Servicio de Información Comunitario sobre Investigación y Desarrollo - CORDIS

Fluorescence tracer technology for material identification: automatic sorting and process control

Plastic industries are currently under pressure from government legislation and environmental lobbies to recover and recycle commodities and components after the end of their useful lives. The ability to rapidly and confidently identify and segregate polymer types and variants is fundamental to achieving an effective recovery operation for plastic materials. Infra-red reflection (absorption) technique has recently been applied to address this challenge only with limited success.

The development of the optical tracer system was based upon the spectral absorption and fluorescence properties of selected tracers. The selection of tracers was, however, restricted by requirements that these are compatible in both polar and non-polar plastics, have good thermal and ultraviolet (UV) stability, low toxicity and migration and are photo-physically non-interacting with the host materials and with each other. A database on the above properties for over 60 different commercial tracer materials has been compiled which will have important application in other industry sectors requiring continuous monitoring for on-line quality/process control such as fabric, pharmaceutical, tannery and in many water-intensive industries where re-use of effluent is required.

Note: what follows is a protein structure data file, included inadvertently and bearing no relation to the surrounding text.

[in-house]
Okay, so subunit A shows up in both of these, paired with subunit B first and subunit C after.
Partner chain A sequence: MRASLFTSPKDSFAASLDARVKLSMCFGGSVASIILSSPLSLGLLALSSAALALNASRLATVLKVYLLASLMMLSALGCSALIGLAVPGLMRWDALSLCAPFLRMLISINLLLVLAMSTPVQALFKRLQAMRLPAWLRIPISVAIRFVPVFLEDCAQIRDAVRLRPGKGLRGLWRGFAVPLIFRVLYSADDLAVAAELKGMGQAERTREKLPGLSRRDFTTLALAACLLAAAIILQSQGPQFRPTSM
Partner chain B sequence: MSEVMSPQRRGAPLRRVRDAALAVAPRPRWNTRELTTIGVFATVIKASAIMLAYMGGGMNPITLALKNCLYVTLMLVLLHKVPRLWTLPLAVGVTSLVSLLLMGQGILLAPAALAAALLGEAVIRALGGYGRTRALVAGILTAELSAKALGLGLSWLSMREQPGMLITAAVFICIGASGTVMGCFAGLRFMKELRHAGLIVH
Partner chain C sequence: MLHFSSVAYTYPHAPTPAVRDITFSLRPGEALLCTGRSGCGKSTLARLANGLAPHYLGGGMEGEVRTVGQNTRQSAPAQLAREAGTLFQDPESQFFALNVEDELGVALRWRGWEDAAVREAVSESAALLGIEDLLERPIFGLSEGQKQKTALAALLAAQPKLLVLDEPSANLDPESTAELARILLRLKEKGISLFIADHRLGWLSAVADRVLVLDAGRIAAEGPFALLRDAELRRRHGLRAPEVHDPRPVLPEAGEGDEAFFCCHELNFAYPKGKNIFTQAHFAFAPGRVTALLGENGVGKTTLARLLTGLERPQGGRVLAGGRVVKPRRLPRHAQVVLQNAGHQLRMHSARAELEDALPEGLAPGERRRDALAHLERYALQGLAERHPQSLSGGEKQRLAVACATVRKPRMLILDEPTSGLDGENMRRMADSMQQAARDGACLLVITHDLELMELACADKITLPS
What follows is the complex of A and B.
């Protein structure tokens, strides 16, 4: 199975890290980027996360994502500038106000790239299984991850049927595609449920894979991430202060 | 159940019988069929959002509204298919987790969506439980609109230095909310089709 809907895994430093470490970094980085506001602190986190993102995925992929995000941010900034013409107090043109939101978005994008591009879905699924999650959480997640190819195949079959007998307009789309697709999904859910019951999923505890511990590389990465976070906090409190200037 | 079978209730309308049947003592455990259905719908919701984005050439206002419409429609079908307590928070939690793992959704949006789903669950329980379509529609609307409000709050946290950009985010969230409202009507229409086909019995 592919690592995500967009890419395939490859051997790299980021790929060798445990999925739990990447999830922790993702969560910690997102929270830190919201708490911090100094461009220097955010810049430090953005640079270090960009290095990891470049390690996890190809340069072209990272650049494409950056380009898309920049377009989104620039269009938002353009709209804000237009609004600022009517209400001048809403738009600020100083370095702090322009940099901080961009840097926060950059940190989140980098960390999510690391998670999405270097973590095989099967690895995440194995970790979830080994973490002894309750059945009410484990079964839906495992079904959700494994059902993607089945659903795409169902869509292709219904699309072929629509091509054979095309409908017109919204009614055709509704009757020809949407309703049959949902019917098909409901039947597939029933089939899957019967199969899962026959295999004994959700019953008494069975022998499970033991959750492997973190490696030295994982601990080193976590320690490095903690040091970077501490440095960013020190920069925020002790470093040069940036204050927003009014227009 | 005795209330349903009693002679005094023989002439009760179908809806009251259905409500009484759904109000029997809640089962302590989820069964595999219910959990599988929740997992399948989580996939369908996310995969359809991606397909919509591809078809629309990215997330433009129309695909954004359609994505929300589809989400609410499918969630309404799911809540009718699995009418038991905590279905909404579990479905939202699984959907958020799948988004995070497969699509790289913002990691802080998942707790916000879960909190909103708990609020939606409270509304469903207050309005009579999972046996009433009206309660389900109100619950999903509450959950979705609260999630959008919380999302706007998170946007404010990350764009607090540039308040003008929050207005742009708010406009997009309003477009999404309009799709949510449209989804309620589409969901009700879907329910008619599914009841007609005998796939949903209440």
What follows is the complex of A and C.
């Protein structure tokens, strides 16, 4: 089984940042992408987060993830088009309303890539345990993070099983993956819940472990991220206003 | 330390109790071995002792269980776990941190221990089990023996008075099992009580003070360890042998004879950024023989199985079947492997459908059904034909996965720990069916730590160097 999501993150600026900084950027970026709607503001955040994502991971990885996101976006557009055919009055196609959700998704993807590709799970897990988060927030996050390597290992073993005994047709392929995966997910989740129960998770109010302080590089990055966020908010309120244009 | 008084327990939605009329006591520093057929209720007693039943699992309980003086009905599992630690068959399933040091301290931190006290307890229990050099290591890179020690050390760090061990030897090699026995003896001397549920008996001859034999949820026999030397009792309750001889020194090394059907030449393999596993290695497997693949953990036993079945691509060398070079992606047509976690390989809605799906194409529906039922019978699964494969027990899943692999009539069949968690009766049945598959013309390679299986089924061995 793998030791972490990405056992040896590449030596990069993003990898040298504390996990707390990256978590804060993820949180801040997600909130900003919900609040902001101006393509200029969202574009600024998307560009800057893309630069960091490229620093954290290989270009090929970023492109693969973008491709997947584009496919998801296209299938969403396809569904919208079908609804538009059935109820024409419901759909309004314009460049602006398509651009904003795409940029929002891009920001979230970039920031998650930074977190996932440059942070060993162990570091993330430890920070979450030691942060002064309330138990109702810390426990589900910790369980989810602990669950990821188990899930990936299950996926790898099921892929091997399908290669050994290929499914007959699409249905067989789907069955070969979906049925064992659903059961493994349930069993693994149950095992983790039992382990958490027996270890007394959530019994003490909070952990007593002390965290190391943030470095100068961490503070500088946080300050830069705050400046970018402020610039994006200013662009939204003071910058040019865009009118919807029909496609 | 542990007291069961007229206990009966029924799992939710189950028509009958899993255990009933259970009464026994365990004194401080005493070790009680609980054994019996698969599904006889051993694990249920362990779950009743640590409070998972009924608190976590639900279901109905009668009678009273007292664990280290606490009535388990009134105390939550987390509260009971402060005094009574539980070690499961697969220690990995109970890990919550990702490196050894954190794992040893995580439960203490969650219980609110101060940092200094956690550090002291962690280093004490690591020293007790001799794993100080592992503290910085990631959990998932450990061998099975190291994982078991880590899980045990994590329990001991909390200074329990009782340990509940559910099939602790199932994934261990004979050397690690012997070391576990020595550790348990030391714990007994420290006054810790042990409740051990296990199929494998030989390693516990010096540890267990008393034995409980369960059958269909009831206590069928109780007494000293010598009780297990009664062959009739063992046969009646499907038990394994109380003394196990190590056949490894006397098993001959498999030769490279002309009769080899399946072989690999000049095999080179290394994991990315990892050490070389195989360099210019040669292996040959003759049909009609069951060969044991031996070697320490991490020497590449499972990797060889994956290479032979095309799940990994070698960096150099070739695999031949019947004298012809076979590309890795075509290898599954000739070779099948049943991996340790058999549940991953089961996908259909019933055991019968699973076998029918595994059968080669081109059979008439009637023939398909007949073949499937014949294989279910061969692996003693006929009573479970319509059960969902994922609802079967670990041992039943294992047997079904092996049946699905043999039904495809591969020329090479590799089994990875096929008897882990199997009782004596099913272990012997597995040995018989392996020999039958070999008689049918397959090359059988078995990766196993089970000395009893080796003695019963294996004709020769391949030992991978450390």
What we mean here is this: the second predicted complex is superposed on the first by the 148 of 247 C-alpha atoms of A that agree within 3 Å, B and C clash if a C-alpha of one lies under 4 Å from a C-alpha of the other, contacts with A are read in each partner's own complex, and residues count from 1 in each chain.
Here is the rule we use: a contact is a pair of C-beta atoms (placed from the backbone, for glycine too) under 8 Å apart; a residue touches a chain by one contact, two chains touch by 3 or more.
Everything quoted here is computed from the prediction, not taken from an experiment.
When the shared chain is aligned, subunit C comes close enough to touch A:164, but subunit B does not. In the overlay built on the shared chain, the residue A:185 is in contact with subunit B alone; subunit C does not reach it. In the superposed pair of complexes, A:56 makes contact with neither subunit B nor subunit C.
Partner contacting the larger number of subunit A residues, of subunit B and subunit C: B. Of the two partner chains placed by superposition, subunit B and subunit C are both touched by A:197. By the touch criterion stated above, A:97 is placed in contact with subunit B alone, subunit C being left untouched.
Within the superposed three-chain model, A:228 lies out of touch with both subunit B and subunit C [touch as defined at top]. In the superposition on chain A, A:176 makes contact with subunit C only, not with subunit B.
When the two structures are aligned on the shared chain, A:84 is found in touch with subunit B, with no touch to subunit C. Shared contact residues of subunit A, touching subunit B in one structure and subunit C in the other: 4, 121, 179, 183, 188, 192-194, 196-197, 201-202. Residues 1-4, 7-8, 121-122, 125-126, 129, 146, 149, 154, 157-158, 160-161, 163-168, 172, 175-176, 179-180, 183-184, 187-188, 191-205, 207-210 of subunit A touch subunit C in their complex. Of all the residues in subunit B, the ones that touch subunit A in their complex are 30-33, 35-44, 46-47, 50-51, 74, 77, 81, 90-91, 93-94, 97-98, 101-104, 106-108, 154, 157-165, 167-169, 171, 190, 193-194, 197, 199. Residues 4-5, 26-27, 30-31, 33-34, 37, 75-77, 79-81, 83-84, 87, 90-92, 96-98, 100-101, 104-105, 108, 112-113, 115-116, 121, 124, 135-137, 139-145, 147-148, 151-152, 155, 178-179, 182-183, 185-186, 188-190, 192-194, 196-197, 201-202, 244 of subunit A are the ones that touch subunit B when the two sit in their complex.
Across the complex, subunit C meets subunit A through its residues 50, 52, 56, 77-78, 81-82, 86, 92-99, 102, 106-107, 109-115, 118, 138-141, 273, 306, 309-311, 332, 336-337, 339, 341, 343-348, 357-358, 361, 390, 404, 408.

Although the project has focused initially on application in the plastic packaging industry, this innovative technology is equally applicable to sorting other plastic types. For example, the plethora of different types and grades of high value 'engineering' plastics used in the automotive, household durables, and electronic industries could be more effectively sorted than have been done hitherto. Industrial trial for sorting tracer doped plastics using the presently developed sensor system has demonstrated that the technology is immensely more superior to manual sorting in terms of efficiency and cost-effectiveness.

Reported by

Cranfield University
Royal Military College of Science,
SN6 8LA Swindon
United Kingdom
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